Having dwelled on the border between Mexico and the United States for much of her life, Mora came to believe that Mexican Americans, no matter where they resided, lived a type of border existence. While the border can provide a vantage point from which to observe and understand two societies, such a perspective tends to make one feel like an outsider. The result, in Mora’s opinion, is that alienation becomes a central condition of the border dweller. Mora has stressed the border as a position of power, a place in which to bridge divisions, heal wounds, and facilitate mutual understanding. This process begins in Chants, in which the inhospitable and uninhabitable borderland is envisioned as a mother who nurtures her children: ”she: the desert / She: strong mother” (”Mi Madre”).
In Chants, Borders, and Communion, Mora also attempts to negotiate the border between the past and the present, so as to draw upon the strong women who preceded her: her aunt, Ygmacia Delgado (whom she and her siblings called Tla Lobo, or Aunt Wolf), her grandmother, and mother, as well as healers and rebels. Mora envisions herself as a link in the tradition of passing on wisdom to her own daughters and to society at large, choosing the best from the past and making what changes are necessary. As she has explained:
To transform our traditions wisely, we need to know them, be inspired and saddened by them, choose for ourselves what to retain. But we can prize the past together, valuing the positive female and Mexican traditions. We can prize the elements of the past as we persist in demanding, and creating, change.
Mora rejects the limited roles society has forced on women in the past, especially those that control their sexuality. Such rituals and practices as burying a female child’s umbilical cord in the house or placing orange blossoms in the hair of a bride are censured in the poems ”Dream” and ”Aztec Princess,” for example.
Works in Critical Context
Mora’s poetry has attracted the attention of Chicano and feminist scholars, along with reviewers from smaller journals who generally appreciate her shamanistic imagery and her idealistic desire to unite and heal.
A reviewer of Chants in Dusty Dog Reviews asserted: ”This is richly feminine poetry, in which a healthy womanly sensuality is being continuously awakened like the living dawn that spreads its westward lights across the world, continuously unveiling a physical magic.” The collection has also garnered the praise from fellow poets, such as Anya Achtenberg who wrote in Contact II (1995), ”Healers, those who restore harmony by bringing together what seems to be separate, often suffer but possess great ‘magic,’ and Mora’s is a healing voice.” Novelist Jewelle Gomez is another of Mora’s admirers— she wrote in Hurricane Alice that ”Mora has a powerful grasp of the music of everyday language, and she is not afraid of dark, complex feelings…. Mora’s simplicity and economy create a haunting sense of timelessness.” GrSmez went on to say that none of the women in Chants ”have been bowed by the weighty roles chosen for them in this society. To be old, to speak only one language, are not stigmas; they are conditions in a natural transitory order. . . . This collection is rich, spirited, promising.”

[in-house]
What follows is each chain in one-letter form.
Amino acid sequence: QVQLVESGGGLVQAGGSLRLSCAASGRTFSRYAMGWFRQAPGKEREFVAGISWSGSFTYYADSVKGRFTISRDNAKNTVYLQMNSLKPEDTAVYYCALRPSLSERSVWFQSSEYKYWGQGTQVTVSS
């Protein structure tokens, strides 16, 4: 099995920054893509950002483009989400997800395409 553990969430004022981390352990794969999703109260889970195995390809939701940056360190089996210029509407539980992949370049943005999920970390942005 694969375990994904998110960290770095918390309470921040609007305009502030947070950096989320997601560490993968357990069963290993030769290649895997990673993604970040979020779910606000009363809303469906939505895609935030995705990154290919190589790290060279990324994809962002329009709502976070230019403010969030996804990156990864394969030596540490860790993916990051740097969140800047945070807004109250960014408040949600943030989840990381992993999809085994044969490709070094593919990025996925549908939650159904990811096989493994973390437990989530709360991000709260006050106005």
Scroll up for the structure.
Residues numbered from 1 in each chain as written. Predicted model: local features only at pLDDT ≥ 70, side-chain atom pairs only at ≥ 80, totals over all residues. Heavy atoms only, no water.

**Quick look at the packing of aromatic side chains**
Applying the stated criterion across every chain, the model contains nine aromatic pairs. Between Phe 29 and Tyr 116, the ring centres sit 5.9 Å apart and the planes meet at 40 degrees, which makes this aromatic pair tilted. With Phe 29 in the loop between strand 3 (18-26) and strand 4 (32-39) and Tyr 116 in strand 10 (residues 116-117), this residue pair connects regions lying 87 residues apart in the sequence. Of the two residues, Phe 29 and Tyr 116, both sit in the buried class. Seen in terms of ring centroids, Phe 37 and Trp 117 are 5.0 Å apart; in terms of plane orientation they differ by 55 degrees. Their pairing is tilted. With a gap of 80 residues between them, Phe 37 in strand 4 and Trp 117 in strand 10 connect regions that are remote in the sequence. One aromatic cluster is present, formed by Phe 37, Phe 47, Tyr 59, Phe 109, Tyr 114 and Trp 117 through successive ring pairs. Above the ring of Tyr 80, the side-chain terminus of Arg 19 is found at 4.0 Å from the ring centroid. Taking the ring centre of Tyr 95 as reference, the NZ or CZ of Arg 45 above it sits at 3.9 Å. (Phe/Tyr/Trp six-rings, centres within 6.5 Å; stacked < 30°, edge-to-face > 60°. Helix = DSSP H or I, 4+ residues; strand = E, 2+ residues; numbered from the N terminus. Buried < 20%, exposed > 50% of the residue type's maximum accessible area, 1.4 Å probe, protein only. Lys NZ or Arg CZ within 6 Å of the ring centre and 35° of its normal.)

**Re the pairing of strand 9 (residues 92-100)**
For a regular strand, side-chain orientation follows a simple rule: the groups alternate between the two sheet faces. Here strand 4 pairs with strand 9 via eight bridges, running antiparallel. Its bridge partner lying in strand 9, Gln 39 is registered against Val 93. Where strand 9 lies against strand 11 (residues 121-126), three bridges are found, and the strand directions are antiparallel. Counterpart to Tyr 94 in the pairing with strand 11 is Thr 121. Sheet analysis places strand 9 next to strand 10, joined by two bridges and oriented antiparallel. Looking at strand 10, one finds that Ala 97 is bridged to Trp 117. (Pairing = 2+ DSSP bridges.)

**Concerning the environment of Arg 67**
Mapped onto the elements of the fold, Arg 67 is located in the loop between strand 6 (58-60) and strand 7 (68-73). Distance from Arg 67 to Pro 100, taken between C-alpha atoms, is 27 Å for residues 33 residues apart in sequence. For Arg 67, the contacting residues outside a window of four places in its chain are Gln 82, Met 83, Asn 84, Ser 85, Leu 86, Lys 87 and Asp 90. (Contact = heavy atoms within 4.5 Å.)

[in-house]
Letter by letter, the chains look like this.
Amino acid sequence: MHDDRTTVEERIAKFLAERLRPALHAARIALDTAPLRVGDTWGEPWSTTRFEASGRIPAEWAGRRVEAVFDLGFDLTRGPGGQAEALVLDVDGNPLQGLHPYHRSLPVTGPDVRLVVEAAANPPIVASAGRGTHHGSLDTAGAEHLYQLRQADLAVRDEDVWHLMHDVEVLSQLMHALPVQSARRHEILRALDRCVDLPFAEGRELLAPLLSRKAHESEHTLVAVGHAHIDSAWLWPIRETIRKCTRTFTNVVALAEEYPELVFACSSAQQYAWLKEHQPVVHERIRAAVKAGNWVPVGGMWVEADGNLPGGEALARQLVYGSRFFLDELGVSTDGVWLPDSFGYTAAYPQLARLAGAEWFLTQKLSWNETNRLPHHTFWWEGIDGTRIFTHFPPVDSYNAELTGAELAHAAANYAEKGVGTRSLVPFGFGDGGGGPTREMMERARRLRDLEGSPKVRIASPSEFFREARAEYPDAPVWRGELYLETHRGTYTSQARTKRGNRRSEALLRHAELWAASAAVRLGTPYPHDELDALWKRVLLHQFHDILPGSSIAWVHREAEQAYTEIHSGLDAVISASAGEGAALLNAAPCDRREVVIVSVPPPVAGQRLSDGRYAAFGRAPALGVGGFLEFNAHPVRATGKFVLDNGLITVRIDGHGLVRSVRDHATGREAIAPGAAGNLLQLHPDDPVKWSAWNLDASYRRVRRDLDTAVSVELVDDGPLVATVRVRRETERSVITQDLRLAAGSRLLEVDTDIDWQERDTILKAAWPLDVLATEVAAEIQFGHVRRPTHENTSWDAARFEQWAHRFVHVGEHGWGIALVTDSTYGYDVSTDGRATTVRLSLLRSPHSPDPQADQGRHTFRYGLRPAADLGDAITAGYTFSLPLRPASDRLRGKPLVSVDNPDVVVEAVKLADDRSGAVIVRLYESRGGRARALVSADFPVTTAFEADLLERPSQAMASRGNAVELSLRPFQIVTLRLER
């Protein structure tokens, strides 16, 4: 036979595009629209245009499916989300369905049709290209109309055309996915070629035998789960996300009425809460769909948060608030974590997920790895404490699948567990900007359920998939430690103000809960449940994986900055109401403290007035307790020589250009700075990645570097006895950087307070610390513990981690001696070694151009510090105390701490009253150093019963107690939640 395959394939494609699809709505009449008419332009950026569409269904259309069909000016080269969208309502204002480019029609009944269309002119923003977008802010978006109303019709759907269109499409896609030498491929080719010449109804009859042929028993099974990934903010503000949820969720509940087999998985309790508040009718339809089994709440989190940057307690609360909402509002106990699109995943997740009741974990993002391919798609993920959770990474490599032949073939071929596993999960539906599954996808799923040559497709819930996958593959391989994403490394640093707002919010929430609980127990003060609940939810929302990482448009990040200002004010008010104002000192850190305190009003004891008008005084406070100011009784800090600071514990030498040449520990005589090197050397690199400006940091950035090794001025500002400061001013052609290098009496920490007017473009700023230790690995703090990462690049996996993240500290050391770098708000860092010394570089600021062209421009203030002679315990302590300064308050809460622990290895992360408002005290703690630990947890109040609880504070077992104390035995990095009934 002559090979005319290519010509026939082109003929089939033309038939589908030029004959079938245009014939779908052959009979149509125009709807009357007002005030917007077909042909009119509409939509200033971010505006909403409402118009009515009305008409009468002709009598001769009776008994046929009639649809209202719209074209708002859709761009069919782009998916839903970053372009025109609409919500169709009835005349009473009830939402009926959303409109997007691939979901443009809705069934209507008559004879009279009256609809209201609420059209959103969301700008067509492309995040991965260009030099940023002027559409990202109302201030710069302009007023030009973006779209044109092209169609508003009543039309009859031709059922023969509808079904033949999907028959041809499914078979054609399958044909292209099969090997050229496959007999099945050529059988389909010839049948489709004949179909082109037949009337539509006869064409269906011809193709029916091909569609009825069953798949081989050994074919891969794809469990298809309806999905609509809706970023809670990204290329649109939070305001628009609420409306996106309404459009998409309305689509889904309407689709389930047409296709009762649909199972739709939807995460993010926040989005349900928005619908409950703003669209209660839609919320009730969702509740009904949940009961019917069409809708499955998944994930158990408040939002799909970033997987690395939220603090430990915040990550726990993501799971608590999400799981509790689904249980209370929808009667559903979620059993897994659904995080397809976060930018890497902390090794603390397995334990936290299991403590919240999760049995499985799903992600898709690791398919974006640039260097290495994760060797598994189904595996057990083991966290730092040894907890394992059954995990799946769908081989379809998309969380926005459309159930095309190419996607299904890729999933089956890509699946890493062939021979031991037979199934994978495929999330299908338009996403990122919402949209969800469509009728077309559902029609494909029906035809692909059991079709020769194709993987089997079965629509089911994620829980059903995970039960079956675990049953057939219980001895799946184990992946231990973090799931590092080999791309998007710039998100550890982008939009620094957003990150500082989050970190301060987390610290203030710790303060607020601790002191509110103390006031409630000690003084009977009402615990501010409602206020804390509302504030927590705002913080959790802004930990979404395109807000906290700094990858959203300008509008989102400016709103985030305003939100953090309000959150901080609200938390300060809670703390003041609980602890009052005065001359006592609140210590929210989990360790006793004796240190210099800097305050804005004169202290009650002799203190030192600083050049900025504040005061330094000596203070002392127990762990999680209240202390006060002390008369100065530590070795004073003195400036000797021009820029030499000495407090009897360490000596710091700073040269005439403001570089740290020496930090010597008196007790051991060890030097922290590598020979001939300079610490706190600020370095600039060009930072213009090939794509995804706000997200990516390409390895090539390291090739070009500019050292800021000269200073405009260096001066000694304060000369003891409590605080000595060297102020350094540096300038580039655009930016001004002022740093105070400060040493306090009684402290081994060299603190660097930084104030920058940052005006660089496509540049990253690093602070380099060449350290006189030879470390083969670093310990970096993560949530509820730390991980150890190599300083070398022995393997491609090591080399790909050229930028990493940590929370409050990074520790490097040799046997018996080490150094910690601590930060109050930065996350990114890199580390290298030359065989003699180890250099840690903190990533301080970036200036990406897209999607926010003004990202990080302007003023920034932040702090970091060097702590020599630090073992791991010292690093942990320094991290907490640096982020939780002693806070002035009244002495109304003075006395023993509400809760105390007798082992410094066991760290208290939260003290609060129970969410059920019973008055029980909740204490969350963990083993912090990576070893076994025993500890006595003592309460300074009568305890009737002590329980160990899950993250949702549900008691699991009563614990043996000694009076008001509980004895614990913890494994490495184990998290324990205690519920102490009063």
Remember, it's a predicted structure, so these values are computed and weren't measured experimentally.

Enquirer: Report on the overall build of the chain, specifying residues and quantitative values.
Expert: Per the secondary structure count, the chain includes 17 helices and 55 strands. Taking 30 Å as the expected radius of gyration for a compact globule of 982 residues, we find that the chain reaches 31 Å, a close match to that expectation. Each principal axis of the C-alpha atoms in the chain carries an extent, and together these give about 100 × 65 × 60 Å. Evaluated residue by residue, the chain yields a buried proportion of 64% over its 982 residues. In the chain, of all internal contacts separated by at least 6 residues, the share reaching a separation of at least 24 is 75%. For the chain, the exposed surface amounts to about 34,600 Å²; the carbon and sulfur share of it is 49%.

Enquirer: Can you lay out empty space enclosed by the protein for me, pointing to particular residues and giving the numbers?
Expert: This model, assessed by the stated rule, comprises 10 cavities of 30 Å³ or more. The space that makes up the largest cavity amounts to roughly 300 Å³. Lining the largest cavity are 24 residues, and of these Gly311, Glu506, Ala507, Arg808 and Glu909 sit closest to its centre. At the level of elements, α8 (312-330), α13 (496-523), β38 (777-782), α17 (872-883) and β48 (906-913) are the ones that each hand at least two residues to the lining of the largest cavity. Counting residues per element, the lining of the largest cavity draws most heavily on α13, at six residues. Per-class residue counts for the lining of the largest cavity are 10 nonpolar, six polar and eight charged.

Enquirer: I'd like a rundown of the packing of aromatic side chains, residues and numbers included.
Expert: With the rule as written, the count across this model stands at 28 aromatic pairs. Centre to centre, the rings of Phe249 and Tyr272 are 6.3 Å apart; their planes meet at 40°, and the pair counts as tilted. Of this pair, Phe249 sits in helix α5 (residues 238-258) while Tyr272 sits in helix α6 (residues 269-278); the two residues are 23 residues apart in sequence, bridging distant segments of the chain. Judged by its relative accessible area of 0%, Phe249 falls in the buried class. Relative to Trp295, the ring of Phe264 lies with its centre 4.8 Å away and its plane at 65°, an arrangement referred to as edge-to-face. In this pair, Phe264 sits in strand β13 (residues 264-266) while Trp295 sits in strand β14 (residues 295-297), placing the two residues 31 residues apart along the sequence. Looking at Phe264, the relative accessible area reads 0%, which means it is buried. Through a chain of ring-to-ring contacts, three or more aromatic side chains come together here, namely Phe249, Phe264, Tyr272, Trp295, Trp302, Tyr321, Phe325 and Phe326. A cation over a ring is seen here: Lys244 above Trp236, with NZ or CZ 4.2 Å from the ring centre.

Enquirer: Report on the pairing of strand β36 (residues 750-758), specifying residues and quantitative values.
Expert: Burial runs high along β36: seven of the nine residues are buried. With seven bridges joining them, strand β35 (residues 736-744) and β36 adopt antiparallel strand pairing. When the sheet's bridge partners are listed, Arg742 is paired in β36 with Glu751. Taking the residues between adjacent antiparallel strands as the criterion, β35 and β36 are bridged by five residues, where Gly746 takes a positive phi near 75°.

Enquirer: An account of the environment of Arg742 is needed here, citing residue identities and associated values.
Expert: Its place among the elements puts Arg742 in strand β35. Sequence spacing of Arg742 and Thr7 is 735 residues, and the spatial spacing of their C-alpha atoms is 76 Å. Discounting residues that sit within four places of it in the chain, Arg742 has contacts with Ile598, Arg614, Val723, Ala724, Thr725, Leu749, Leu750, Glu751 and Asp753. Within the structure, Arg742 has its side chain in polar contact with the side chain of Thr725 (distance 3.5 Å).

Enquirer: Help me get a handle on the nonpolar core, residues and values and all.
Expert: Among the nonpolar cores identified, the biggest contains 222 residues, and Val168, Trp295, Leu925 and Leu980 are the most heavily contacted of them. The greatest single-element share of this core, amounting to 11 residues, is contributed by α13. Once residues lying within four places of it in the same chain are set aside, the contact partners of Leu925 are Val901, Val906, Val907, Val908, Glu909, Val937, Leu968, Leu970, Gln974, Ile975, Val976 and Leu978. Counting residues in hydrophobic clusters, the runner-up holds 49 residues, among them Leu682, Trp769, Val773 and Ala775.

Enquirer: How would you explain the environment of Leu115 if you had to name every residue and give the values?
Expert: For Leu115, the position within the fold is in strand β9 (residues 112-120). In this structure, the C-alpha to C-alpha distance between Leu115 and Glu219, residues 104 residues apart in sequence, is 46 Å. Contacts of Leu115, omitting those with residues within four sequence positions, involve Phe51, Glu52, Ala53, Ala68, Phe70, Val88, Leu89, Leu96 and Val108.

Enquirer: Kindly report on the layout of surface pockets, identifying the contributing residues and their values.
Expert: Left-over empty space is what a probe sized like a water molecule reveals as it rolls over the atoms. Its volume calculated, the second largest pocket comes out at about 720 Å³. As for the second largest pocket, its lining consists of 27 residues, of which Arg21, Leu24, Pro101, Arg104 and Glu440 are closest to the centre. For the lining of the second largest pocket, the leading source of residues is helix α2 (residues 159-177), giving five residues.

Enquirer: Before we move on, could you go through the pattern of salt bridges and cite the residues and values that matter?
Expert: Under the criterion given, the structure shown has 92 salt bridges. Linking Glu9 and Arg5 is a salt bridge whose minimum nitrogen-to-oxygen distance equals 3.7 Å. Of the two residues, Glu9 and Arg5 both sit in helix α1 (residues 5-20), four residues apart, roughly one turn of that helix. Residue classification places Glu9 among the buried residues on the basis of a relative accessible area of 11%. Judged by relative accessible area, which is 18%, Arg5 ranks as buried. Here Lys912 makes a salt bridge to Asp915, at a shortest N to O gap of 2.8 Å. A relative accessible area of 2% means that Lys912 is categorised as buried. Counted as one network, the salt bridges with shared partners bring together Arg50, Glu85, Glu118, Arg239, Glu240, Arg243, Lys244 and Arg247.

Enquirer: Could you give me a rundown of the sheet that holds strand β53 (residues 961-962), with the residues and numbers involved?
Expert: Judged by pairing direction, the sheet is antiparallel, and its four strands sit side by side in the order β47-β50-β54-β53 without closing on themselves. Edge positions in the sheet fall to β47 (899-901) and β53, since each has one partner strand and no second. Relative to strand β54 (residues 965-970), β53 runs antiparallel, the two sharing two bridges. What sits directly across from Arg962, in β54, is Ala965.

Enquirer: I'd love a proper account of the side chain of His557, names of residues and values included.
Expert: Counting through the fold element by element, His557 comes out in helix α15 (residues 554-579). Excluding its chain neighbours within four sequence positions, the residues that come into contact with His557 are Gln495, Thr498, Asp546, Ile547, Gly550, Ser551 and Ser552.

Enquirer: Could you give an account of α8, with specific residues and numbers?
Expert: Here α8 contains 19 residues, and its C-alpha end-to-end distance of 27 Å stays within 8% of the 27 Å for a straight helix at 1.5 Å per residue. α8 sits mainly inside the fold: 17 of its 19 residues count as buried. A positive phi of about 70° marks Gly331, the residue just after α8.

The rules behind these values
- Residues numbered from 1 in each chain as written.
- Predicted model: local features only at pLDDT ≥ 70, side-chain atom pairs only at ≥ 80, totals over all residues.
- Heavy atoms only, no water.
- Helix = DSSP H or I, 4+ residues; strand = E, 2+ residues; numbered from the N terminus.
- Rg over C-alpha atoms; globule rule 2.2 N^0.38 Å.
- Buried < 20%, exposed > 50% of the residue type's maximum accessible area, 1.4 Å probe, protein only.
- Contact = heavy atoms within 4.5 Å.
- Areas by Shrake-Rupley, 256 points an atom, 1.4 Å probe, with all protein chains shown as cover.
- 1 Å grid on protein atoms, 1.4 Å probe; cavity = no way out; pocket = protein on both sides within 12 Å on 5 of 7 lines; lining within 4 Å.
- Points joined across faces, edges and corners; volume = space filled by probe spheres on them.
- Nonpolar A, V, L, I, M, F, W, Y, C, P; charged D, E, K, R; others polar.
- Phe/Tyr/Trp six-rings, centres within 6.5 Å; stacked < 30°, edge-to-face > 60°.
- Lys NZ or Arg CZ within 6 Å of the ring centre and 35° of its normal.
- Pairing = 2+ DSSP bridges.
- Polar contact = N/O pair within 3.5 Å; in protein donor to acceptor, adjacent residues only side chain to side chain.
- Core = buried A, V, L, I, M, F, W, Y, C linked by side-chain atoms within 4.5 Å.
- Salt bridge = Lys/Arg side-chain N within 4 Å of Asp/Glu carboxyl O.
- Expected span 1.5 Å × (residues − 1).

Bryce Milligan in the National Catholic Reporter found the poems in Communion to be ”powerful, imaginative and well crafted.” In his opinion, ”it is clear the poet is giving birth to a new voice.” In Texas Books in Review, however, Betsy Colquitt found some of the poems in this new voice to be ”more engaged intellectually than emotionally” and suggested that Mora’s best poems were still those that related to the Southwest and her bilingual, bicultural identity.
A Birthday Basket for Tia
Mora’s books for children have been acclaimed almost universally for her sensitive and deft portrayals of Mexican American and Mexican culture. Mary Sarber’s assessment of A Birthday Basket for Tia in the El Paso Herald-Post, for example, could be applied equally to all of Mora’s picture books: ”This is an outstanding addition to the growing body of literature that will help Hispanic children identify with their culture.” Mora’s writing for children has also been praised for helping to bring Hispanic culture to non-Hispanic children.
- Saldfvar-Hull, Sonia. ”Feminism on the Border: From Gender Politics to Geopolitics.” Criticism in the Borderlands: Studies in Chicano Literature, Culture, and Ideology. Edited by Hector Calderon and Jose David Saldfvar. Durham, N.C.: Duke University Press, pp. 203-220.
- Achtenberg, Anya. ”Healing with Age,” Contact II (1985): 31-32.
- Colquitt, Betsy. Review of Communion in Texas Books in Review (Winter 1991).
- Fox, Linda C. ”From Chants to Borders to Communion: Pat Mora’s Poetic Journey to Nepantla,” Bilingual Review/Revista Bilingue (1996).
- Gomez, Jewelle. Review of Chants in Hurricane Alice (Spring/Summer 1984).
- Milligan, Bryce. Review of Communion, National Catholic Reporter (10 May 1991).
- Murphy, Patrick. ”Grandmother Borderland: Placing Identity and Ethnicity, Interdisciplinary Studies in Literature and Environment (1993): 35-41.
- Passman, Kristina. ”Demeter, Kore, and the Birth of the Self: The Quest for Identity in the Poetry of Alma Villanueva, Pat Mora, and Cherrie Moraga,” Monographic Review, 6 (1990): 35-41.
- Sarber, Mary, review of A Birthday Basket for Tia in the El Paso Herald-Post. Pat Mora Homepage. Accessed December 14, 2008, from http://PatMora.com.